What Does Torn Meniscus Surgery Do? Watch and Find Out

Photo of the femur, tibia, lateral meniscus, and the tear site after repair.You have been suffering from knee pain, and your doctor just said that you need torn meniscus surgery on your knee. When hearing any recommendation for surgery, it can be a little scary. But in this case, it doesn’t always need to be. Performed on an estimated 750,000 people in the U.S. each year to remove or repair a torn piece of the meniscus (also known as cartilage) in your knee, surgery for a torn meniscus is very effective and usually very safe.

How is a torn meniscus repaired? Town Center Orthopaedics explains what you need to know.

What Happens During Surgery for a Torn Meniscus?

The meniscus is a rubber-like C-shaped disc that sits within the knee between the end of the thigh bone (femur) and the top of the shin bone (tibia). Meniscus tears usually happen when the knee suddenly twists or pivots. Wear and tear on the knee as we age can also lead to a tear.

When the meniscus tears, the torn pieces irritate the tissue (called the synovium) inside the knee, which causes local pain. The synovium also produces fluid in response to the irritation, but the fluid can’t drain away. Instead, it builds up and increases the pressure in your knee, which increases your pain. Additionally, the loose flaps of the tear may get caught between the two bones of your knee joint. This may cause a popping or catching sensation, particularly with twisting or squatting.

There are two meniscus surgeries available for treating your symptomatic meniscal tear: a meniscectomy or meniscus repair.

Meniscectomy: Many meniscal tears will not heal on their own or if stitched back together (repaired). It may be a severe tear, or the tissue may be degenerative or fragmented into small pieces, unstable, and or have poor blood flow or supply. Any of these will likely prevent the meniscal tear from healing.

In these cases, the only torn meniscus surgery likely to resolve your symptoms is a meniscectomy. Fortunately, most meniscectomys are partial meniscectomys. During a partial meniscectomy, only the small torn pieces of your meniscus are removed. The remaining functioning meniscus is retained.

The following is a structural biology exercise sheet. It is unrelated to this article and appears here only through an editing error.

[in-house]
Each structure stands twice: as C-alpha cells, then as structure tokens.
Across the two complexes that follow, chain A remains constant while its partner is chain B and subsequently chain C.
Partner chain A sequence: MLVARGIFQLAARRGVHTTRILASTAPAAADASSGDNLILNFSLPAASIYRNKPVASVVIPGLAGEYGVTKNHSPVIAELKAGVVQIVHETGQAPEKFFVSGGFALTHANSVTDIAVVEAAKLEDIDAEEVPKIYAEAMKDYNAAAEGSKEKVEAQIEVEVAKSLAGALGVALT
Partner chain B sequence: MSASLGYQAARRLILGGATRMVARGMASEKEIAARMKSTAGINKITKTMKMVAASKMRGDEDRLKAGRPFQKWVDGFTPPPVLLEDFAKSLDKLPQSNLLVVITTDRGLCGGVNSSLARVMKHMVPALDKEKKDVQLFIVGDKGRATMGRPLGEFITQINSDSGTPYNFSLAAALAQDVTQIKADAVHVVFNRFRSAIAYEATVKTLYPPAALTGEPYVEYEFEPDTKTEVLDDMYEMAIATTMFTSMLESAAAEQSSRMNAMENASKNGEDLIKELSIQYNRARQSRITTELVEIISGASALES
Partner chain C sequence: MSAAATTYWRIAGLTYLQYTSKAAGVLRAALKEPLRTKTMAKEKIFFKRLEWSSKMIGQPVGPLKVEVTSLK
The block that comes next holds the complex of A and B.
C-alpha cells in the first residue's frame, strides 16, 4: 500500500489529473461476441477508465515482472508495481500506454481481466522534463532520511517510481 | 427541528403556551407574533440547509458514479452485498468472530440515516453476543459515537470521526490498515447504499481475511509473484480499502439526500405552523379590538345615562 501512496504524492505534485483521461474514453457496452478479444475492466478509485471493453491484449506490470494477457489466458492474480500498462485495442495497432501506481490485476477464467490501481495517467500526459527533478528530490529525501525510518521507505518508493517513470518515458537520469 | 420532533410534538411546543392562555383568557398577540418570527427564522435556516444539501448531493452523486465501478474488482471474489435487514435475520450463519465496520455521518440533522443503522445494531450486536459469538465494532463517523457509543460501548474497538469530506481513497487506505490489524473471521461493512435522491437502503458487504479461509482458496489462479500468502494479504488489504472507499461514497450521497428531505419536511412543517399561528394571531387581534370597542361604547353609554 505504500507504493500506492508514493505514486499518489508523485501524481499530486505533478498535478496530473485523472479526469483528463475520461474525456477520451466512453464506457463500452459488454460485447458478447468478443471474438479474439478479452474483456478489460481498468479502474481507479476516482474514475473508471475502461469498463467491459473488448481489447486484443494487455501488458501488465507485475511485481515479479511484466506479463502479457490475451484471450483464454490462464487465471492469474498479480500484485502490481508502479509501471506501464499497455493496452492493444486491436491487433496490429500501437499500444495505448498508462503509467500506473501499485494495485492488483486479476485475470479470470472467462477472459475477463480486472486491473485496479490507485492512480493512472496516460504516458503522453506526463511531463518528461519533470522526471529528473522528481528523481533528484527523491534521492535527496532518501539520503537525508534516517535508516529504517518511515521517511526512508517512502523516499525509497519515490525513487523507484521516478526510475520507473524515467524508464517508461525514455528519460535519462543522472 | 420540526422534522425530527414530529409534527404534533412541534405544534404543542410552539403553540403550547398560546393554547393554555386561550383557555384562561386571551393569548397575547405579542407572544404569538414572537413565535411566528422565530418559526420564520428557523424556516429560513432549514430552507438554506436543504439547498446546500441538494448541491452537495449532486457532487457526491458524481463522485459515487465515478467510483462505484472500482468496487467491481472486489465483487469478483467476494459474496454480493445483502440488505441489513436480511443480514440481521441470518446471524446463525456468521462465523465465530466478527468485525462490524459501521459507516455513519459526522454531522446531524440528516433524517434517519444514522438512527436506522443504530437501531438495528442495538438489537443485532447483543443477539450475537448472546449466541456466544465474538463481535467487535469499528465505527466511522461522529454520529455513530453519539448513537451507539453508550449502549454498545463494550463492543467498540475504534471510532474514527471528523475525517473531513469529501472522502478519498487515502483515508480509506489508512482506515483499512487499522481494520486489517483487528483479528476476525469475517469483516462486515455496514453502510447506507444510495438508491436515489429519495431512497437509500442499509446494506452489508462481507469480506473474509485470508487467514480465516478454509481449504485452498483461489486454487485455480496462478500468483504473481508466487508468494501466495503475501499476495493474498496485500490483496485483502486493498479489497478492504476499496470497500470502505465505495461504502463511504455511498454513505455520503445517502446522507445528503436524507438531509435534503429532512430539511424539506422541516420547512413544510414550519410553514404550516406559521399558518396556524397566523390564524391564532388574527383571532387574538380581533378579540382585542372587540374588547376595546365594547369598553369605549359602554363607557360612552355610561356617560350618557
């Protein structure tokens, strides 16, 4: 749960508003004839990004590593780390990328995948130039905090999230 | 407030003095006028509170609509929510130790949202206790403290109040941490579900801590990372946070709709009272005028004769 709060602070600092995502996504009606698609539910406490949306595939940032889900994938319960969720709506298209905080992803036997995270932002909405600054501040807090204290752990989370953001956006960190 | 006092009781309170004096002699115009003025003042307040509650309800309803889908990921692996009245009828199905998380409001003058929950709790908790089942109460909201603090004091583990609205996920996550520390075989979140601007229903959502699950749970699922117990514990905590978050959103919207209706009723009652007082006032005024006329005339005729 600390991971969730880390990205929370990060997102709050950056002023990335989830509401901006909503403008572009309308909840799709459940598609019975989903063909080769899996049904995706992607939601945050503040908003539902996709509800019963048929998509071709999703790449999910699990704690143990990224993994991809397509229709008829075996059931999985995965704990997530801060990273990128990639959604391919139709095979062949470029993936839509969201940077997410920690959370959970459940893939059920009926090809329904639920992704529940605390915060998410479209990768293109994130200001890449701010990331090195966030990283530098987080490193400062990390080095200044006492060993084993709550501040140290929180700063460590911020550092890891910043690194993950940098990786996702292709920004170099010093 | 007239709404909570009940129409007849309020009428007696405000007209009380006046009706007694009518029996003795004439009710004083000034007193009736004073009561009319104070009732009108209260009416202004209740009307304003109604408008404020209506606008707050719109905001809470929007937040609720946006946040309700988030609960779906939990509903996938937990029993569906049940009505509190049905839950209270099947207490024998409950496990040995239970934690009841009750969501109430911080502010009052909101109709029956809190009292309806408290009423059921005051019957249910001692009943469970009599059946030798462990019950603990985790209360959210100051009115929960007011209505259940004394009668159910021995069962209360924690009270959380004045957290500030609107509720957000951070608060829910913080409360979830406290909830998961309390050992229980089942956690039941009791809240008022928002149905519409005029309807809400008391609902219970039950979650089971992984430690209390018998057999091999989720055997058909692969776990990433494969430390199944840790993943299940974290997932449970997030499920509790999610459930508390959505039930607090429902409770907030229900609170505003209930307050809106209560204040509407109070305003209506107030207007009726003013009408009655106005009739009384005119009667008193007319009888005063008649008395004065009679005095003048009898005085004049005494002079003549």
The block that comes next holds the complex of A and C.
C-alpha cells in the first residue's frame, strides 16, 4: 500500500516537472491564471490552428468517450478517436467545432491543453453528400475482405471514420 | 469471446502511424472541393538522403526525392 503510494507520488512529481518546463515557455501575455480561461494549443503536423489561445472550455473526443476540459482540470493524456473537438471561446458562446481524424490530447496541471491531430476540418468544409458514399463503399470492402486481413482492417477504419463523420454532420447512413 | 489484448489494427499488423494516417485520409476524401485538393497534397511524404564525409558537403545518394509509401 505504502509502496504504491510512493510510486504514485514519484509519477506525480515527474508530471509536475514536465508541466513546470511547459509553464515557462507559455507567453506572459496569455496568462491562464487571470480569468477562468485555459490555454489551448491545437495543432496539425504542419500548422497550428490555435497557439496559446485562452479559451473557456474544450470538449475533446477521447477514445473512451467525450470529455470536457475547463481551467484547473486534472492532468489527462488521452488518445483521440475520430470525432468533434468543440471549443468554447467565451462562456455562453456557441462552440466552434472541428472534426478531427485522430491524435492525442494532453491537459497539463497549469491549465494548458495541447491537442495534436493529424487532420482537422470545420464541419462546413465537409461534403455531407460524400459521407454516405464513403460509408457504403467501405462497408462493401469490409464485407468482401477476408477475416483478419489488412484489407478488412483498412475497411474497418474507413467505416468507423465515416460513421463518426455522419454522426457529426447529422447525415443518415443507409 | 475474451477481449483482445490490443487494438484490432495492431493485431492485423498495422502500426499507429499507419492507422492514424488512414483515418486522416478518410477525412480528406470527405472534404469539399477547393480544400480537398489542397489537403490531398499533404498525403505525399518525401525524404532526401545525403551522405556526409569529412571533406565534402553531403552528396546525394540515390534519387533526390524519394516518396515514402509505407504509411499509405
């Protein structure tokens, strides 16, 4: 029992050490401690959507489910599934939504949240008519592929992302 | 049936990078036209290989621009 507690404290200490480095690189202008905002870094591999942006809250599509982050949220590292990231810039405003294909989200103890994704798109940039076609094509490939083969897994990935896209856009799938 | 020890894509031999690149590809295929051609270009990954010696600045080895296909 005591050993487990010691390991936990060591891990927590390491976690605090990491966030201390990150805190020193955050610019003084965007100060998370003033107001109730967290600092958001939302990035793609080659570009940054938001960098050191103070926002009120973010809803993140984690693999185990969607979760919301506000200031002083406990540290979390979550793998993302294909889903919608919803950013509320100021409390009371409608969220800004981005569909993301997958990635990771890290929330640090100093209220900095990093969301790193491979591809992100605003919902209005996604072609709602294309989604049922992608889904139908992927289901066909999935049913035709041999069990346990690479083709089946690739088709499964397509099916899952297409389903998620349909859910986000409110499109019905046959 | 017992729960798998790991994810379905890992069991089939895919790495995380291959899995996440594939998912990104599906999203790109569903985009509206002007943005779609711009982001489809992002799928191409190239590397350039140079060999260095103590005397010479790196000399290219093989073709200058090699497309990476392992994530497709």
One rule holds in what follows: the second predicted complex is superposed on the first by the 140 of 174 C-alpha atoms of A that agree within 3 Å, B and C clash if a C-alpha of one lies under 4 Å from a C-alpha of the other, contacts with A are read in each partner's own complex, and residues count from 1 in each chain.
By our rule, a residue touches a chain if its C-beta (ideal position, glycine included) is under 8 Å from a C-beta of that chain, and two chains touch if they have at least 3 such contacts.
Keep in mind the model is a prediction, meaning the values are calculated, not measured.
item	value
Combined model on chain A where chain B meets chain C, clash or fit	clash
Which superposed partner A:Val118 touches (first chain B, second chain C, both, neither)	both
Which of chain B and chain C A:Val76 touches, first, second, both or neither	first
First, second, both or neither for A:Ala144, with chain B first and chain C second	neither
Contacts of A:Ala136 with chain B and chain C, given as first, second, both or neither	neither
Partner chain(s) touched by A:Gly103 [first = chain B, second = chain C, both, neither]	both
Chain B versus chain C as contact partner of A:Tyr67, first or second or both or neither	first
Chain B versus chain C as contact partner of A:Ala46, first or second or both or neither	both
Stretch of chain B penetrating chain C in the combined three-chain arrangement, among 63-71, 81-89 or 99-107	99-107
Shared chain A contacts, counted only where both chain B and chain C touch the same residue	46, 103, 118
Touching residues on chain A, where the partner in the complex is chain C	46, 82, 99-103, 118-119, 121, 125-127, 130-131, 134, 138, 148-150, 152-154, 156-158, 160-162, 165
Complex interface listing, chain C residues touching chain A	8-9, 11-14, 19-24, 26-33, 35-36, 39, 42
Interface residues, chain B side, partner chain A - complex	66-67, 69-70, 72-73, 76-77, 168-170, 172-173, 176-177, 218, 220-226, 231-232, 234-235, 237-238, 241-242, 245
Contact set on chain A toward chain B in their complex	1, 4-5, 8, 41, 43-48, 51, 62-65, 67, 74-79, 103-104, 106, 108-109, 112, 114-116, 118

Meniscectomy: Basics

Watch this torn meniscus surgery video for an arthroscopic view of a partial meniscectomy.

Meniscectomy: Aftercare

  • The site will have a soft dressing.
  • Use crutches or a cane for comfort or safety as needed for several days.
  • You will be allowed to include weight-bearing as able and activities as tolerated.
  • Follow physical therapy and or home exercises.
  • You should see the expected improvement within one to six weeks.
  • You should expect a full recovery within three to four months.

Meniscal Repair: Some tears may heal if stitched together and stabilized. For these tears, the correct torn meniscus surgery is a meniscal repair, usually performed arthroscopically. During the procedures, sutures or small devices that incorporate sutures are used. Larger incisions may occasionally be needed.

Watch the video below to view an arthroscopic meniscal repair.

Although the basics described above for a meniscectomy are essentially the same for a meniscal repair (except for repairing the meniscus rather than removing it), there are differences in the aftercare:

Meniscal Repair: Aftercare

  • Limited weight-bearing and the need for crutches may be required to protect the repair.
  • A short-term knee brace may be required.
  • Jogging is usually delayed for at least three months after surgery.
  • Sprinting and agility training are usually restarted between four and five months post-op.
  • Anticipated return to all activities is around six months post-op.

Feel Better. Move Better. Be Better.

If you’ve been diagnosed with a meniscal tear and surgery for a torn meniscus is recommended, don’t worry—and don’t hesitate. Talk to an orthopedic surgeon at Town Center Orthopaedics at one of our convenient locations in Ashburn, Centreville, Fairfax, and Reston about your situation. We can help put your mind at ease about the surgery and your recovery. To schedule an appointment, call us at any time at (571) 250-5660 or request an appointment online. We look forward to helping you get back to your active lifestyle soon.

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